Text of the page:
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An archaeologist says parts of Stonehenge were there long before any humans


The ancient site of Stonehenge is shrouded in mystery – we don’t know how it was built, or what it was built for.

One of the strangest mysteries is why those giant stones were dragged to an unremarkable Salisbury hillside instead of being erected where they were originally found. Now it seems we have an answer – some of them were already there.

 

Archaeologist Mike Pitts – one of few researchers to ever perform excavations within Stonehenge – has found evidence that two of the monument’s biggest and most important stones, called sarsens, may have been at the site for millions of years.

In the 1970s, it was thought that sarsens – giant boulders of sandstone weighing up to several tons – didn’t occur naturally on the Salisbury Plain.

Researchers concluded that the people who constructed Stonehenge must have schlepped all the stones from Marlborough Downs, 32 kilometres (20 miles) away.

Just why they would do so, when they could have far more easily erected the henge at that location instead, was a real head-scratcher.

But now it looks like the Heel Stone and Stone 16 may hold the answer.

These two stones, unlike the rest of the monument, haven’t been carved or shaped in any way. When lined up, these are also the stones marking the horizon where the Sun rises on the summer solstice, and sets on the winter solstice.

If the two stones were already sitting there, pointing at the solstice Sun, that could have given the site its significance for the people who lived nearby thousands of years ago.

 

Pitts hinges his explanation on two holes very close to the stones.

Near to the Heel Stone, he found evidence of a large hole, up to 6 metres (20 feet) in diameter. This was far too large to have been dug as a “socket” to place a stone, and it’s always been a bit of a puzzle – but it could have comfortably contained the Heel Stone.

If the stone had been excavated and raised on the site, that would neatly explain this seemingly misplaced hole.

“The assumption used to be that all the sarsens at Stonehenge had come from the Marlborough Downs more than 20 miles away,” Pitts told The Times.

“The idea has since been growing that some may be local and the heel stone came out of that big pit. If you are going to move something that large you would dress it before you move it, to get rid of some of the bulk.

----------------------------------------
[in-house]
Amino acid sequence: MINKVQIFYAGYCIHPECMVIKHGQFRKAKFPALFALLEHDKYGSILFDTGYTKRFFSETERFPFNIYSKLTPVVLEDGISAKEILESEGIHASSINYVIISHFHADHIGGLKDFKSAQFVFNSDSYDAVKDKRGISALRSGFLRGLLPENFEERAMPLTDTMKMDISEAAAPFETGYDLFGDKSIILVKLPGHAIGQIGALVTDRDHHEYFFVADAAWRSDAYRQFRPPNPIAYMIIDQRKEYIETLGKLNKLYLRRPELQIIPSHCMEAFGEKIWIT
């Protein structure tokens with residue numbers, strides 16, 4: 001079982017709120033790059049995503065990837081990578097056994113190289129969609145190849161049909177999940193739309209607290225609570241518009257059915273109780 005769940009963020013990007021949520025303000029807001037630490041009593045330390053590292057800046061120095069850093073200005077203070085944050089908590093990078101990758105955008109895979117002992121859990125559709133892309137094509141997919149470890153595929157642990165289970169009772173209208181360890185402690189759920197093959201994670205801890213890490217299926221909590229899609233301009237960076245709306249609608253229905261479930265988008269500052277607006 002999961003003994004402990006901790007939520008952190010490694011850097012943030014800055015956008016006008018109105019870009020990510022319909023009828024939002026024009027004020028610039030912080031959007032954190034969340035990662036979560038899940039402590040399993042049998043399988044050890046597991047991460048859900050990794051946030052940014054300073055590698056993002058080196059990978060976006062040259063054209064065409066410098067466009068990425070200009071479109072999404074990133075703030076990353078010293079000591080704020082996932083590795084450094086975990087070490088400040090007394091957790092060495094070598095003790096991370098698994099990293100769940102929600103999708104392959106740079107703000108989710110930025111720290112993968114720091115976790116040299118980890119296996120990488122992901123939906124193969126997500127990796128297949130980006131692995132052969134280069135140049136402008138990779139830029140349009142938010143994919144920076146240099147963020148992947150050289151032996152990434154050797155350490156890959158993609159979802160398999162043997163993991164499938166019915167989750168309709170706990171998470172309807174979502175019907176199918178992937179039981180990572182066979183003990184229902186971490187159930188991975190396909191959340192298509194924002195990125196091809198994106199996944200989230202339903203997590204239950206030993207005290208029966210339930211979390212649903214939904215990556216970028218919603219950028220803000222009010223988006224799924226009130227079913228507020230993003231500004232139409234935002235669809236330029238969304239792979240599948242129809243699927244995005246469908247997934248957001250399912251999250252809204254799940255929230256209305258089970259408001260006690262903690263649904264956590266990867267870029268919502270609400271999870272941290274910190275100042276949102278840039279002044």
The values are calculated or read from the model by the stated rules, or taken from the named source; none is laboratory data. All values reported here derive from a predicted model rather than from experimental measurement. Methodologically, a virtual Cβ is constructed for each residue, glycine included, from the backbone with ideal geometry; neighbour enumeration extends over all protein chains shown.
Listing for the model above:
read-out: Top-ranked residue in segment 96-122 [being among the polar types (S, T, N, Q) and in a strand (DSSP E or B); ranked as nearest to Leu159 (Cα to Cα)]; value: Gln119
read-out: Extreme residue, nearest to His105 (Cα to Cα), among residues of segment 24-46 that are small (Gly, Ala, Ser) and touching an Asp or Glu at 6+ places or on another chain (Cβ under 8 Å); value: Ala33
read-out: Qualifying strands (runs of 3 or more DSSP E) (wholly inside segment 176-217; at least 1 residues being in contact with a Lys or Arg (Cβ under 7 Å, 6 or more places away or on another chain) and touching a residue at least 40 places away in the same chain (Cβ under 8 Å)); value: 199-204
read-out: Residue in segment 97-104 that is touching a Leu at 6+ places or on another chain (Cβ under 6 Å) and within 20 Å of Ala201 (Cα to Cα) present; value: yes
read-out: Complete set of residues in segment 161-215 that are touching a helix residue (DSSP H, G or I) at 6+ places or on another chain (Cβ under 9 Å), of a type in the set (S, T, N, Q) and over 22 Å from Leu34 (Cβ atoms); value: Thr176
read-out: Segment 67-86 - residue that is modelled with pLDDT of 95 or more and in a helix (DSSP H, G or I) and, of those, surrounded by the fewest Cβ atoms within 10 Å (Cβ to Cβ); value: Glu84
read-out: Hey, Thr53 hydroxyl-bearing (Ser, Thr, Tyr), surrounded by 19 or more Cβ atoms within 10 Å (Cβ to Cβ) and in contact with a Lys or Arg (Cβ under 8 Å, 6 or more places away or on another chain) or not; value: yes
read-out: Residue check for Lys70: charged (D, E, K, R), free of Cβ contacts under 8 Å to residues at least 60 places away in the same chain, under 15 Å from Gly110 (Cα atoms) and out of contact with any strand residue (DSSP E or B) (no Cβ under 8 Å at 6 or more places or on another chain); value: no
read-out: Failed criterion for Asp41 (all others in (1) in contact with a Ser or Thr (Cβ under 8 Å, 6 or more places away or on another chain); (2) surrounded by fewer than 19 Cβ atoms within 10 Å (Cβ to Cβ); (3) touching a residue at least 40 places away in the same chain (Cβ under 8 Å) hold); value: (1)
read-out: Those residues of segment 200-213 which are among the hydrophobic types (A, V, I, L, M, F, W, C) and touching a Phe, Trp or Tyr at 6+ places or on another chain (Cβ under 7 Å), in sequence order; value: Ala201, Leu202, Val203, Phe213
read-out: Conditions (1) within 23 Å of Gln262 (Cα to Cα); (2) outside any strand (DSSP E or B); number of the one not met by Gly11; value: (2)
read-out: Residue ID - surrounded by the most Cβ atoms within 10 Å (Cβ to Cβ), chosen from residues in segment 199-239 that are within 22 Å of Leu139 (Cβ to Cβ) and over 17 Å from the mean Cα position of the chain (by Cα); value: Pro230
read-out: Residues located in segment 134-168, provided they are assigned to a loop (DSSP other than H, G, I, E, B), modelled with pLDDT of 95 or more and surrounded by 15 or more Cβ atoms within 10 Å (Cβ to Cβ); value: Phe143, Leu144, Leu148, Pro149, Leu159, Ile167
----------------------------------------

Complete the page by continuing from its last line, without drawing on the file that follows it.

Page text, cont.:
“That suggests it has not been moved very far. It makes sense that the heel stone has always been more or less where it is now, half-buried.”

 

There’s only one other buried pit of comparable size at Stonehenge, and it’s very close to Stone 16.

The pits, like the stones, lay along a solstice axis – and the entire geometry of Stonehenge could have been built around this naturally occurring coincidence, Pitts explained in a Stonehenge special edition of the journal British Archaeology.

More recently, evidence has emerged that sarsens can be found on the plain, although they’re scarcer and smaller than those found at Marlborough Downs, with a different shape.

The stone formed millions of years ago, probably during the Tertiary period, and would have been broken and weathered by the permafrost of repeated ice ages.

This supports Pitts’s hypothesis, and could finally help lay to bed the mystery of why the location of Stonehenge was chosen.

“Continued radiocarbon dating may reveal further clusters of middle neolithic ritual features,” Pitts wrote.

“But for now, the combination of a little henge, large cattle bones … and perhaps the two largest natural sarsens on the plain aligned with the rising midsummer and the setting midwinter Sun, make the site locally unique.

“It all suggests that Stonehenge didn’t so much burst into view shortly after 3000 BCE, as grow slowly over a long time before.”

 



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